# Globes and Maps A globe is a scale model of the Earth that presents the most accurate depiction of geographic information such as area, distance, and direction.

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Globes and Maps A globe is a scale model of the Earth that presents the most accurate depiction of geographic information such as area, distance, and direction. A printed map is a symbolic representation of all or part of the planet.

Great Circle Routes A great circle is an imaginary line that follows the curve of the Earth and represents the shortest distance between two points. Traveling along a great circle is called following a great circle route.

Projections To create maps, cartographers project the round Earth onto a flat surface — making a map projection. Distance, shape, direction, or size may be distorted by a projection. The three basic categories of map projections are planar, cylindrical, and conic.

Projections (cont.) Planar Projection
A planar projection shows the Earth centered in such a way that a straight line coming from the center to any other point represents the shortest distance. Also known as an azimuthal projection, it is most accurate at its center. As a result, it is often used for maps of the Poles.

Projections (cont.) Cylindrical Projection
A cylindrical projection is based on the projection of the globe onto a cylinder. This projection is most accurate near the Equator, but shapes and distances are distorted near the Poles.

Projections (cont.) Conic Projection
A conic projection comes from placing a cone over part of a globe. Conic projections are best suited for showing limited east-west areas that are not too far from the Equator. For these uses, a conic projection can indicate distances and directions fairly accurately.

Common Map Projections
Most general reference world maps are the Winkel Tripel projection. It provides a good balance between the size and shape of land areas as they are shown on the map. Even the polar areas are depicted with little distortion of size and shape.

Common Map Projections (cont.)
An interrupted projection resembles a globe that has been cut apart and laid flat. Goode’s Interrupted Equal-Area projection shows the true size and shape of Earth’s landmasses, but distances are generally distorted.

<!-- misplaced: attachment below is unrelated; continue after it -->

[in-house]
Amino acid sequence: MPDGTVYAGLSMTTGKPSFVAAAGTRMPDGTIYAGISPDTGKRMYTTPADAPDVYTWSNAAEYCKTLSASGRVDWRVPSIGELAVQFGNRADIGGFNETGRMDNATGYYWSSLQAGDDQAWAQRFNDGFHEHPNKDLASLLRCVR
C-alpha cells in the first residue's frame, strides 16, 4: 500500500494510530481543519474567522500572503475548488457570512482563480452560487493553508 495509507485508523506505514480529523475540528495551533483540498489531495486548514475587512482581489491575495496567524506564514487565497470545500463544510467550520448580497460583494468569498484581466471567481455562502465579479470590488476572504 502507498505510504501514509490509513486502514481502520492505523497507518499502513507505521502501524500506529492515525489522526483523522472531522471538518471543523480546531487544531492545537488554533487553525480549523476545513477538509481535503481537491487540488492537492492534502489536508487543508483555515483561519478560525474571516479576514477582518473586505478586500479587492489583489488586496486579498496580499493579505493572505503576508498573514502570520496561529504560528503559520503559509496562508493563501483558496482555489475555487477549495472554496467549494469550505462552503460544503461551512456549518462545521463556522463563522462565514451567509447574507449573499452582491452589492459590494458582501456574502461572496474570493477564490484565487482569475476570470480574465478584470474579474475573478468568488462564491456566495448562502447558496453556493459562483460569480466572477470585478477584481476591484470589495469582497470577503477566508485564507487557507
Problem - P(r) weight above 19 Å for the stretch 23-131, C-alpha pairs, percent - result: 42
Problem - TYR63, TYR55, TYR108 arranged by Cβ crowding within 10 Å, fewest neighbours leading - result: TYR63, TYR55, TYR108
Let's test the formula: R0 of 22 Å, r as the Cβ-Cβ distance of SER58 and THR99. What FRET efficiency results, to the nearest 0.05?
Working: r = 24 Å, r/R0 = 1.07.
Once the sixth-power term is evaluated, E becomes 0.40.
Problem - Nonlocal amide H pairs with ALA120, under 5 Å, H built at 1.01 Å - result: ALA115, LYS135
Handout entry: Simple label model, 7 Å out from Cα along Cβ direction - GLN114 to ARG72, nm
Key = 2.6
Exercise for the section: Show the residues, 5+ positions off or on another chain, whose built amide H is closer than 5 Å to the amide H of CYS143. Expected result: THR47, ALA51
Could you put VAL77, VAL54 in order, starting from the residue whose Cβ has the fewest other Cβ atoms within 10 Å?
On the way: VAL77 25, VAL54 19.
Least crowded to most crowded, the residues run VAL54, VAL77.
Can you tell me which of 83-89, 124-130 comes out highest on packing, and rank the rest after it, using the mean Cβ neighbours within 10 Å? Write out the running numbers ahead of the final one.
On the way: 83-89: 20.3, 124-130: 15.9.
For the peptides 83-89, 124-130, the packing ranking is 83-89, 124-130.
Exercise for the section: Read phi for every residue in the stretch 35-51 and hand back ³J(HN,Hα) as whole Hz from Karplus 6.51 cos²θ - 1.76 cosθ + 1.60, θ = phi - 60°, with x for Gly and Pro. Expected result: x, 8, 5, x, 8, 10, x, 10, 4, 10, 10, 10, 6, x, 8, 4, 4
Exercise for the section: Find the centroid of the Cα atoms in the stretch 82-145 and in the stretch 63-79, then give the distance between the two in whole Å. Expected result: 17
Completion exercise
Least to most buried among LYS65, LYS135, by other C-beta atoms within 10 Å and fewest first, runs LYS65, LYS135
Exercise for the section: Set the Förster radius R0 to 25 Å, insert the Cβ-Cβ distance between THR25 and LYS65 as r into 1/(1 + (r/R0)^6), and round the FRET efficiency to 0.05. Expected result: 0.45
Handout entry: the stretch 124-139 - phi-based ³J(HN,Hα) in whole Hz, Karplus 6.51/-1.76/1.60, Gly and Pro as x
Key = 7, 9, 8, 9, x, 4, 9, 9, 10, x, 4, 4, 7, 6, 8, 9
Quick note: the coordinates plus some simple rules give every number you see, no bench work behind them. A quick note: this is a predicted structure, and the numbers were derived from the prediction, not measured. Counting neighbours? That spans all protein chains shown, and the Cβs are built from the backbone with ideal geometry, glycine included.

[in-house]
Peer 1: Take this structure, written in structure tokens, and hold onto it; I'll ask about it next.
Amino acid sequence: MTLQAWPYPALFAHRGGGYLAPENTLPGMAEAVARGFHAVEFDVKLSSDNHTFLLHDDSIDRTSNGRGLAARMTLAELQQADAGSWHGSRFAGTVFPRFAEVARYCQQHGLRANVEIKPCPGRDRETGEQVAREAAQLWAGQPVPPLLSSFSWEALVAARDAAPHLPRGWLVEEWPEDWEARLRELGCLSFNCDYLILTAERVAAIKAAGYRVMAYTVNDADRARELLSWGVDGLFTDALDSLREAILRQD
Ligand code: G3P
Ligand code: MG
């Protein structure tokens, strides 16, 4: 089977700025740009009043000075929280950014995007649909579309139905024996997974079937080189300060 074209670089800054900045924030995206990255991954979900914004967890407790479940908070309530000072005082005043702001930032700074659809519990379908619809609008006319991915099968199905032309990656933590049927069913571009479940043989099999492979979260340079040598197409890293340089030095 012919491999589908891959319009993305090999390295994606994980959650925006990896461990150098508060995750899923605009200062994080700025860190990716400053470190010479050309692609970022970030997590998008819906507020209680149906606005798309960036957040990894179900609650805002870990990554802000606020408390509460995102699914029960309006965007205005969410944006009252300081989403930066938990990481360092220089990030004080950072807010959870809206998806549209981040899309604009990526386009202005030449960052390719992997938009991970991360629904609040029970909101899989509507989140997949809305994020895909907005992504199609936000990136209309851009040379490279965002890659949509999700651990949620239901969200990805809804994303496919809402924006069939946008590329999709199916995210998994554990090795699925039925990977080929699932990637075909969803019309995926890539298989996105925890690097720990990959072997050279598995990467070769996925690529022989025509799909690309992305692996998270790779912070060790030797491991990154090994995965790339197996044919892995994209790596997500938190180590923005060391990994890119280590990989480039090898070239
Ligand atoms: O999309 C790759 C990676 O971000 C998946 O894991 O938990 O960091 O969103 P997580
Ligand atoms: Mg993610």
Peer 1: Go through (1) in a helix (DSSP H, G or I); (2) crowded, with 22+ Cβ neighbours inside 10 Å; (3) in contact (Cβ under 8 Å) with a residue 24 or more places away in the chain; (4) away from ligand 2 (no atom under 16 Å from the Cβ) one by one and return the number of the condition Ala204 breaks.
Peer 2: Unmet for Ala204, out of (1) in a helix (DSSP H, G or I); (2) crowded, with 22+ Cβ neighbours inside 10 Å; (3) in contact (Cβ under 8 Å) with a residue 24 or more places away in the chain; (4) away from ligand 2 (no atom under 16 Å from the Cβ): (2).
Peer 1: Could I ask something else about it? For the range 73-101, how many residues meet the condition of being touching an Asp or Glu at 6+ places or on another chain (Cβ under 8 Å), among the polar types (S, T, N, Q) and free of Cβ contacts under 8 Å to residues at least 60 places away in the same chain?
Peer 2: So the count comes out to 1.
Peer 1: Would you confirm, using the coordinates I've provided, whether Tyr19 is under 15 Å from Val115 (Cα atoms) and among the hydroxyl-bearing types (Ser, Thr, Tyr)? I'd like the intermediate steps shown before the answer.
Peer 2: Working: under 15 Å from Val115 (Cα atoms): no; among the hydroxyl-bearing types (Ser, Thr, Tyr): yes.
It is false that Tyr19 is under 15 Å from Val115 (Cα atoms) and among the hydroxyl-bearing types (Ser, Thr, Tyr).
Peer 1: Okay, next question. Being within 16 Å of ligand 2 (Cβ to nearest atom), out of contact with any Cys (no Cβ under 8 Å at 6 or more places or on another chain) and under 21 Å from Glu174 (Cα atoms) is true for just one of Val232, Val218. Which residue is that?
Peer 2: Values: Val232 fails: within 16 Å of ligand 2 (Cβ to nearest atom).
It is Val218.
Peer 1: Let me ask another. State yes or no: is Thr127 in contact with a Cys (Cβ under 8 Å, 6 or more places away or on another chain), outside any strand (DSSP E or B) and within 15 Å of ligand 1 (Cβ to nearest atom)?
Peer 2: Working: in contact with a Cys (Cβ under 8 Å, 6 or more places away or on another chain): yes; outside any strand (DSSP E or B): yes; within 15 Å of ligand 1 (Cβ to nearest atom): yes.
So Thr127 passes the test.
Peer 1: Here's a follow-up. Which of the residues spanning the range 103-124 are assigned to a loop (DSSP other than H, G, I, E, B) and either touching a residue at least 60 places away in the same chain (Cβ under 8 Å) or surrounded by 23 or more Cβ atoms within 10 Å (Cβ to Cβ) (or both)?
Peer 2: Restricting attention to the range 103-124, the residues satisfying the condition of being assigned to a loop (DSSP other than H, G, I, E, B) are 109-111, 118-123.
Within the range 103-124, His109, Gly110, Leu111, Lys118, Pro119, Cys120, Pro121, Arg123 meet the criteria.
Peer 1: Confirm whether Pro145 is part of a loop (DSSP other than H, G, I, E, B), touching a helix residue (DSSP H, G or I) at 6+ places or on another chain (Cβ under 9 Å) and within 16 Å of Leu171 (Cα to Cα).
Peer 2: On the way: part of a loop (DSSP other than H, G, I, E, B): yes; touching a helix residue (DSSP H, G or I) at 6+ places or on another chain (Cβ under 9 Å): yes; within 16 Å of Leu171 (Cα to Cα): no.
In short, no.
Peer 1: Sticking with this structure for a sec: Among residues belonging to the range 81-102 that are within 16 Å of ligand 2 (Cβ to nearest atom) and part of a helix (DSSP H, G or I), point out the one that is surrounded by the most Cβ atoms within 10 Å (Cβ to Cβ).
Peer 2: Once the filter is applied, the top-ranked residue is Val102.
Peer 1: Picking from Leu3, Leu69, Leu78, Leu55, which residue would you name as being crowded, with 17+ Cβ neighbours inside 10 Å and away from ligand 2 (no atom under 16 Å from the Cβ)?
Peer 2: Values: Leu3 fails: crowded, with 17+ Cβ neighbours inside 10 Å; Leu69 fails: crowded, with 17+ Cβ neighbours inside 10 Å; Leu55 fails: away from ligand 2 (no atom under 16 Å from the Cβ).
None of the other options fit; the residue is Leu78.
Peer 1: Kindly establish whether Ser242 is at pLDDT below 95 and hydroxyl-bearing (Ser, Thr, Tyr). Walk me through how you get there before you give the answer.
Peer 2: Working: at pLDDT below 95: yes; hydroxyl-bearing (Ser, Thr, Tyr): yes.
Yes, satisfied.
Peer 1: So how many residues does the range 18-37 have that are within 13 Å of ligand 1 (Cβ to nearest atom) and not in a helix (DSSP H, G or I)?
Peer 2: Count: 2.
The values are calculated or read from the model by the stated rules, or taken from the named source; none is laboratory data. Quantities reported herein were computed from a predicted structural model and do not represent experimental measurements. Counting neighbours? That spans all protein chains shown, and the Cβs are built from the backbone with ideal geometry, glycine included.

Common Map Projections (cont.)
The Robinson projection has minor distortions. The sizes and shapes near the eastern and western edges of the map are accurate, and outlines of the continents appear much as they do on the globe. However, the polar areas are flattened.

Common Map Projections (cont.)
The Mercator projection increasingly distorts size and distance as it moves away from the Equator. However, Mercator projections do accurately show true directions and the shapes of landmasses, making these maps useful for sea travel.

Determining Location The basic tool for answering the question “Where?” is location. A grid system on maps and globes helps you find exact places on the Earth’s surface. A hemisphere is one of the halves into which the Earth is divided. Most places are located in two of the four hemispheres.

Determining Location (cont.)
Latitude Lines of latitude, or parallels, circle the Earth parallel to the Equator and measure the distance north or south of the Equator in degrees. The Equator is measured at 0° latitude, while the Poles lie at latitudes 90°N (north) and 90°S (south). Parallels north of the Equator are called north latitude. Parallels south of the Equator are called south latitude.

Determining Location (cont.)
Longitude Lines of longitude, or meridians, circle the Earth from Pole to Pole. These lines measure distance east or west of the Prime Meridian at 0° longitude. Meridians east of the Prime Meridian are known as east longitude. Meridians west of the Prime Meridian are known as west longitude. The 180° meridian on the opposite side of the Earth is called the International Date Line.

Determining Location (cont.)
The Global Grid Every place has a global address, or absolute location. You can identify the absolute location of a place by naming the latitude and longitude lines that cross exactly at that place. For example, Tokyo, Japan, is located at 36°N latitude and 140°E longitude. For more precise readings, each degree is further divided into 60 units called minutes.

Determining Location (cont.)
Northern and Southern Hemispheres The diagram shows that the Equator divides the Earth into the Northern and Southern Hemispheres. Everything north of the Equator is in the Northern Hemisphere. Everything south of the Equator is in the Southern Hemisphere.

Determining Location (cont.)
Eastern and Western Hemispheres The Prime Meridian and the International Date Line divide the Earth into the Eastern and Western Hemispheres. Everything east of the Prime Meridian for 180° is in the Eastern Hemisphere. Everything west of the Prime Meridian for 180° is in the Western Hemisphere.

Reading a Map Title Key Scale Bar Compass Rose Capitals Boundary Lines
Cities

Using Scale All maps are drawn to a certain scale.
Scale is a consistent, proportional relationship between the measurements shown on the map and the measurement of the Earth’s surface.

Using Scale (cont.) Small-Scale Maps
A small-scale map, like this political map of France, can show a large area but little detail.

Using Scale (cont.) Large-Scale Maps
A large-scale map, like this map of Paris, can show a small area with a great amount of detail.

Absolute and Relative Location
Absolute location is the exact point where a line of latitude crosses a line of longitude. Relative location is the location of one place in relation to another. Physical Maps A physical map shows the location and the topography, or shape of the Earth’s physical features. A study of a country’s physical features often helps to explain the historical development of the country.

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